Pfizer is investing $ 1 billion (£ 716 million) in Arvinas, a Yale University spin-out, to commercialize the protein degradation agent ARV-471. The transaction includes an equity investment of $ 350 million, giving Pfizer an approximately 7% stake in Arvinas, as well as $ 650 million in upfront cash and milestone payments. The two companies already had a license agreement that was signed in 2018.
ARV-471 breaks down the estrogen receptor, a driver of most forms of breast cancer. It is currently in phase 2 clinical trials for breast cancer and in a phase 1b trial in combination with Pfizer’s palbociclib (Ibrance). Further studies are planned, particularly phase 3 studies in metastatic breast cancer, including combinations with palbociclib, planned for 2022.
“This collaboration has the potential to make a difference as it combines our leadership in targeted protein degradation with Pfizer’s global capabilities and expertise in breast cancer,” said John Houston, CEO of Arvinas.
The technology behind ARV-471 was developed by chemist Craig Crews at Yale. As proteolysis that targets Chimera or Protac, it works a little differently than standard drugs. Instead of blocking or activating a protein target, Protacs take over the mechanism cells use to destroy proteins. In the natural process, the enzyme ubiquitin ligase marks the protein with one or more units of ubiquitin, a protein with 76 amino acids. The tag is recognized by the proteasome, a macromolecular protein complex, which then destroys the protein.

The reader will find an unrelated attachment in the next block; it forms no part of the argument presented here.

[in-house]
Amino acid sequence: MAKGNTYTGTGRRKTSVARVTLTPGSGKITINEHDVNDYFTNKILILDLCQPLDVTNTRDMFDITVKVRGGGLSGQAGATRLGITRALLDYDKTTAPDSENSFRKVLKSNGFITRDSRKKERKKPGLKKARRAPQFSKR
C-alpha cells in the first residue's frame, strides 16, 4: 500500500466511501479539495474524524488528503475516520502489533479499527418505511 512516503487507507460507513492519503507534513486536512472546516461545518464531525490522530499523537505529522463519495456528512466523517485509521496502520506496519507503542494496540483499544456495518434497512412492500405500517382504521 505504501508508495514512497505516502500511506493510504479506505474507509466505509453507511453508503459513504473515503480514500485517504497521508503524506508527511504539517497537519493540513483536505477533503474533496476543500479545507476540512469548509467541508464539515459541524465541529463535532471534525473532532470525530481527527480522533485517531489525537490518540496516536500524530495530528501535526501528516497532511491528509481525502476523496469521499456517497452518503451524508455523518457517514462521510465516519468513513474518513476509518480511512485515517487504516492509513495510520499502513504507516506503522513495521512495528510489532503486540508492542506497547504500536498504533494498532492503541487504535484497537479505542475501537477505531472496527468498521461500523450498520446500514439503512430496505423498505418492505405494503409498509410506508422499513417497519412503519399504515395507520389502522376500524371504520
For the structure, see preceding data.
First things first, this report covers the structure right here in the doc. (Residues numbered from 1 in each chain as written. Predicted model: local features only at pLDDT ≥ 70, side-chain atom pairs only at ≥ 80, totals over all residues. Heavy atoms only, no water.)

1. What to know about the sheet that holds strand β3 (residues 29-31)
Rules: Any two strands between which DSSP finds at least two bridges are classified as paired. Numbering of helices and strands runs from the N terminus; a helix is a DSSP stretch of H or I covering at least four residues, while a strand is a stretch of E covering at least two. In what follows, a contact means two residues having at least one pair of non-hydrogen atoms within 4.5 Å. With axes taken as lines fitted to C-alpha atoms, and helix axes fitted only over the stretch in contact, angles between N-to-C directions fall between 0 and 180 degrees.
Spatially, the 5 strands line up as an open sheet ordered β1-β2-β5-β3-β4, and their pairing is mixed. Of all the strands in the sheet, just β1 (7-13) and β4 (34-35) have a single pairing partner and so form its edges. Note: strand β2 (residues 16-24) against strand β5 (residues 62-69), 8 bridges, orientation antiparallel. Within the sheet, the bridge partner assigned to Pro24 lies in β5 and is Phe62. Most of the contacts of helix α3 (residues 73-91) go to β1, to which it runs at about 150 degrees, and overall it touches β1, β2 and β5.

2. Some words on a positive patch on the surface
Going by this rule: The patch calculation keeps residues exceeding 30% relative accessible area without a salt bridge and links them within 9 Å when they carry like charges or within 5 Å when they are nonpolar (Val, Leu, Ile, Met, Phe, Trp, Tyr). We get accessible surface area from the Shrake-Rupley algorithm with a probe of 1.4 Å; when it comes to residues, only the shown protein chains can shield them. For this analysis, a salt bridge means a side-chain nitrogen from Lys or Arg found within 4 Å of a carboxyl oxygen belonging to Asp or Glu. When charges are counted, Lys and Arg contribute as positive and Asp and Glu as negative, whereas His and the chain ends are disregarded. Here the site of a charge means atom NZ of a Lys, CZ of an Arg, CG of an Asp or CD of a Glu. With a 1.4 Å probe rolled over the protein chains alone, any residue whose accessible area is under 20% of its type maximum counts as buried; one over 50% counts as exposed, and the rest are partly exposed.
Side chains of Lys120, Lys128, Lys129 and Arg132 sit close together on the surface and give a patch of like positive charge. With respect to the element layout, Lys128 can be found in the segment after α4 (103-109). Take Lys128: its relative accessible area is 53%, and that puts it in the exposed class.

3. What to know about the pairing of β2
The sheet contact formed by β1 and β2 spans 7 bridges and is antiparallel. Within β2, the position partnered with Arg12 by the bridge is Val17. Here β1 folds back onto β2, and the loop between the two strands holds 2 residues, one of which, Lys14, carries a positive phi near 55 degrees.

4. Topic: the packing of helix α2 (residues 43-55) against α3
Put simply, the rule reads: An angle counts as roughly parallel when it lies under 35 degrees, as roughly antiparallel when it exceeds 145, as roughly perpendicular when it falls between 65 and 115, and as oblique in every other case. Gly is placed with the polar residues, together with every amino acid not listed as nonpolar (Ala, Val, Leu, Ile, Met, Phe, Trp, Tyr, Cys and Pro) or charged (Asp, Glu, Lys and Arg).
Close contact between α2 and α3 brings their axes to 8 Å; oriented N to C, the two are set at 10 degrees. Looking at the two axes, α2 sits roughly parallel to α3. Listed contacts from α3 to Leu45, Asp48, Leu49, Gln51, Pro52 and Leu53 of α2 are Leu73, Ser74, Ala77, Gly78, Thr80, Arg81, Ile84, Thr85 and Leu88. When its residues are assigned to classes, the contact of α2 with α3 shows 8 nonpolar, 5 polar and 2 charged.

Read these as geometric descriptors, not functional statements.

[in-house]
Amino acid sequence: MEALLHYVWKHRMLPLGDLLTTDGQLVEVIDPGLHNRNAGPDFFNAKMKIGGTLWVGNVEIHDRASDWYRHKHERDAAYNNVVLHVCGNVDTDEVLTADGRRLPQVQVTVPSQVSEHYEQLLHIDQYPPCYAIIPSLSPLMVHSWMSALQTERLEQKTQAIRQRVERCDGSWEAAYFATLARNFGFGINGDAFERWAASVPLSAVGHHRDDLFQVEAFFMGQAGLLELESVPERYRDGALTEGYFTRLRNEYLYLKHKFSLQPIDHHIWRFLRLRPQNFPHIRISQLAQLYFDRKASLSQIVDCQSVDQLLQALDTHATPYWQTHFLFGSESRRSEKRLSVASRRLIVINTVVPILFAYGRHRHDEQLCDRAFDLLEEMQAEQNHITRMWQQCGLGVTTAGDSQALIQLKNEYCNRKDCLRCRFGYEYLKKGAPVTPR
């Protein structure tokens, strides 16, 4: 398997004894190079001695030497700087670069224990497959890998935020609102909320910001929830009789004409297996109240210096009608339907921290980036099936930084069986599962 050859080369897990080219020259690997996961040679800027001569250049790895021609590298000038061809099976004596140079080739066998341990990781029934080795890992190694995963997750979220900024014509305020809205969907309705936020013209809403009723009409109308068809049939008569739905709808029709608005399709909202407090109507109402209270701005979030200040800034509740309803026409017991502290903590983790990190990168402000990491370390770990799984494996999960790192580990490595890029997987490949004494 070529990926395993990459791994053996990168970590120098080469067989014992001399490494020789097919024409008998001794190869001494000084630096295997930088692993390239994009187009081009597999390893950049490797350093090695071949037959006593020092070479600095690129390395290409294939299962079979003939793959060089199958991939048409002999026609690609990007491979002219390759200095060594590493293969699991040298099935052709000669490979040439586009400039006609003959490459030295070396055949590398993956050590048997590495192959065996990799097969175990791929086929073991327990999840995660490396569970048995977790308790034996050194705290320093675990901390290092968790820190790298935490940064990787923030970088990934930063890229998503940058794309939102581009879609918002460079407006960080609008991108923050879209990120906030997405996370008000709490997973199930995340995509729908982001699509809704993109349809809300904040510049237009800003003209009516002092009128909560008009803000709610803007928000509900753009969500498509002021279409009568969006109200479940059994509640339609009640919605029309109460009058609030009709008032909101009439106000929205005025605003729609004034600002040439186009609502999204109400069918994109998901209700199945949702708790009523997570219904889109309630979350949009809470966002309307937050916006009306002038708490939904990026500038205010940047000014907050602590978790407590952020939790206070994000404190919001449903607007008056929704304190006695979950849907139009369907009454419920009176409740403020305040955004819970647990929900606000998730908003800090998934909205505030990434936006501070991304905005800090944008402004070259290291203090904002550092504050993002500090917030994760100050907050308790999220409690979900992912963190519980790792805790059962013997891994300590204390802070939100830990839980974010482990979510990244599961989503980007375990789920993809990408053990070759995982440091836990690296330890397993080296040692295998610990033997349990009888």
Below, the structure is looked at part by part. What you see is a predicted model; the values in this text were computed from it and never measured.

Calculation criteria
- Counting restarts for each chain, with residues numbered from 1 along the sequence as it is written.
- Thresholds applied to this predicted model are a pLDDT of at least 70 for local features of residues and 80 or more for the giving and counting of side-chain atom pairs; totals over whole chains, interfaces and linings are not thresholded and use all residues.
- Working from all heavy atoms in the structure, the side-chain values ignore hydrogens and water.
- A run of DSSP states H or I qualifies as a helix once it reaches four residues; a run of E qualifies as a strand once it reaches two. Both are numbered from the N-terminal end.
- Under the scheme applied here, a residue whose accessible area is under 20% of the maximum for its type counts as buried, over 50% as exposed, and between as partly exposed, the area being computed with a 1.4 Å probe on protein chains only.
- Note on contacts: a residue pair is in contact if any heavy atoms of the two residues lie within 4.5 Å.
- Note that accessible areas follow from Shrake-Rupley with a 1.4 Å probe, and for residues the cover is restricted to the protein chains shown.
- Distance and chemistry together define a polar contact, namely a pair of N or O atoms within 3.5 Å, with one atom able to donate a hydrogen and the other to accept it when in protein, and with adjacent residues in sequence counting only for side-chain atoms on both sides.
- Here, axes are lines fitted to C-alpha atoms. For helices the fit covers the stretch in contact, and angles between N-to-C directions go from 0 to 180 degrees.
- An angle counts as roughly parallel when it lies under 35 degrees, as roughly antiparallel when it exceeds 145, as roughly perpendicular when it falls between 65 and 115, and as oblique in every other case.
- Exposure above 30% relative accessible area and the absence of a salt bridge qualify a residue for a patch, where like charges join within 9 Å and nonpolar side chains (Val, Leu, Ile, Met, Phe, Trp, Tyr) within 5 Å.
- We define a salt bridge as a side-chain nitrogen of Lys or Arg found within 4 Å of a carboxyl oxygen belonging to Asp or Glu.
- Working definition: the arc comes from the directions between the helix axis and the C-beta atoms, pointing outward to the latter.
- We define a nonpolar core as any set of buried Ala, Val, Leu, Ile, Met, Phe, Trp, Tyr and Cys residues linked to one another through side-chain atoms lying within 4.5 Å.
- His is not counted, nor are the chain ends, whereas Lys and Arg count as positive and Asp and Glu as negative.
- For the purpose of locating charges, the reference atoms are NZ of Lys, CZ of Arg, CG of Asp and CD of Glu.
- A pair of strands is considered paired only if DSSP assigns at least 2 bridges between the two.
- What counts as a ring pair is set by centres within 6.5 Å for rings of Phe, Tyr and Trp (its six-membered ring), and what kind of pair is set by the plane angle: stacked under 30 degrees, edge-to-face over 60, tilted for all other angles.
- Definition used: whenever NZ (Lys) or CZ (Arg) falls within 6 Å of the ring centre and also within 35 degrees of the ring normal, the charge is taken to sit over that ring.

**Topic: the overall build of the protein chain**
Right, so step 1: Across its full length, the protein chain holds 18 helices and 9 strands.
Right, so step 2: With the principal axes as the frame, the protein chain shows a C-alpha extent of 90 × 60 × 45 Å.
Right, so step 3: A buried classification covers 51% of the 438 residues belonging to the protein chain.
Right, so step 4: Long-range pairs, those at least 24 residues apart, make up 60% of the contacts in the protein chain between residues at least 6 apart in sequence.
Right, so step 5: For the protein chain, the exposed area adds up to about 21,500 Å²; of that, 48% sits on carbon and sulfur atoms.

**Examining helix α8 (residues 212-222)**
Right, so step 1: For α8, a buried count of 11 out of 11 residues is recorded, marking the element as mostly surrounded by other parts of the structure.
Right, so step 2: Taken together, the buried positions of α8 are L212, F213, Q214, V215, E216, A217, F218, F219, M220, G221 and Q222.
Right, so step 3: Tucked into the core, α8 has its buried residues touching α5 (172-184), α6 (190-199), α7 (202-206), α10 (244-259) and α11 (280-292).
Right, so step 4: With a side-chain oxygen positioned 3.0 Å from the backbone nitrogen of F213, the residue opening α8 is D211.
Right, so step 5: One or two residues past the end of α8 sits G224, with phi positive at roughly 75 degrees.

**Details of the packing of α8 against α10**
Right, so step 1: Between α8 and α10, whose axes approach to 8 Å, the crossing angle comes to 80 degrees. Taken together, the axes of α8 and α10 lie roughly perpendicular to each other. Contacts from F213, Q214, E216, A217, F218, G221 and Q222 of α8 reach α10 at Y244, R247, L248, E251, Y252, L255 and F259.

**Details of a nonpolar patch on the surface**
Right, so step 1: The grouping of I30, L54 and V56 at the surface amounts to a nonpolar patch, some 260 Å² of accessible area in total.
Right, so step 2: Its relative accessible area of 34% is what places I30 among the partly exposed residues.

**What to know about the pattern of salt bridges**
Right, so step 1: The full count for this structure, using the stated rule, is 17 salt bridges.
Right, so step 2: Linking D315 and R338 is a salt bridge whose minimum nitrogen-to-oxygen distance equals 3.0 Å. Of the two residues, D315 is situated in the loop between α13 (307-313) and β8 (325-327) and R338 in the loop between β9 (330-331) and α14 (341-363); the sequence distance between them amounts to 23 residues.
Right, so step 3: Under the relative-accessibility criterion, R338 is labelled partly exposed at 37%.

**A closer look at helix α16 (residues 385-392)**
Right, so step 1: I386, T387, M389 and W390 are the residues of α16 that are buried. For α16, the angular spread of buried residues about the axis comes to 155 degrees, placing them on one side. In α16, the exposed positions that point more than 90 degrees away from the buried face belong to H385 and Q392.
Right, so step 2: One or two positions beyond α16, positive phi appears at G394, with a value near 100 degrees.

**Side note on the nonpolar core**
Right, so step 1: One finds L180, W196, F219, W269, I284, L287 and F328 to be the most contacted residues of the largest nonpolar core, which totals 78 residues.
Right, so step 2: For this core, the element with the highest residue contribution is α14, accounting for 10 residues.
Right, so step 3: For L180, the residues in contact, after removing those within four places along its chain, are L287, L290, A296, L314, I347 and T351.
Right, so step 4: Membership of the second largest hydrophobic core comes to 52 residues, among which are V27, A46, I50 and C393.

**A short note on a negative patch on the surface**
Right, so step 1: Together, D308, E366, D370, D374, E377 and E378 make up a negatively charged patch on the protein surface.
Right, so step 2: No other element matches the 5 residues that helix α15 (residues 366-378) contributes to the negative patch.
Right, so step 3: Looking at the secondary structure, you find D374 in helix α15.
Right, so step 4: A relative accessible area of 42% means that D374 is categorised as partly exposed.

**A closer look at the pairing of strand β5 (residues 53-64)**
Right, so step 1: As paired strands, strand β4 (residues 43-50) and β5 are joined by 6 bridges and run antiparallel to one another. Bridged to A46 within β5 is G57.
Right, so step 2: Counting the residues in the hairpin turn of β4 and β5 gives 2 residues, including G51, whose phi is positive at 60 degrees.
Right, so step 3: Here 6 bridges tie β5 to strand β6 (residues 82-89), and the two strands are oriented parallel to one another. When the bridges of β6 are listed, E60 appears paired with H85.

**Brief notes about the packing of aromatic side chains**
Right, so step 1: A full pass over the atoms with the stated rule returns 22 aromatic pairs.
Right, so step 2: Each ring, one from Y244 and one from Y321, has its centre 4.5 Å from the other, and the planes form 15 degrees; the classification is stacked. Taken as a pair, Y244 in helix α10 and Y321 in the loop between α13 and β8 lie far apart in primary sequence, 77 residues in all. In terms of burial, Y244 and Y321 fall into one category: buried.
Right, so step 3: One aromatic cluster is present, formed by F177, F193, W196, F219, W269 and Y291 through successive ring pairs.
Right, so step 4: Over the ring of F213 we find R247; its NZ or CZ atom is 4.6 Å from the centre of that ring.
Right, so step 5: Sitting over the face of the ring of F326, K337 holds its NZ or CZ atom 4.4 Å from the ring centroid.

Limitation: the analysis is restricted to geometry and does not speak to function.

Protacs are bifunctional small molecules that mark proteins for destruction by the proteasome. One end binds to a ubiquitin ligase, the other is a ligand that targets the disease-causing protein, connected by a linker that ensures that both are in the correct orientation. It doesn’t matter where on the protein it binds, just that it properly positions the ubiquitinylation machinery. This could make it possible to target proteins previously thought to be untreatable due to an inaccessible active site.
Arvinas has another Protac, ARV-110, in the clinic that targets the androgen receptor in prostate cancer. At an earlier stage there are programs for tau protein, which may have potential in Alzheimer’s, and alpha-synuclein in diseases such as Parkinson’s. Other collaborations include a target discovery deal with Genentech and one with Bayer for agricultural applications.
While Arvinas is the furthest advanced, several other companies have Protacs and related molecules in or nearing Phase 1 trials – mostly for cancer. Bristol Myers Squibb, Nurix, and Dialectic have conducted Phase 1 studies against various cancers, while Kymera (in partnership with Sanofi) has one in autoimmune diseases. A variety of other startups and academic groups are in the early stages of development, and several have signed contracts with large pharmaceutical companies.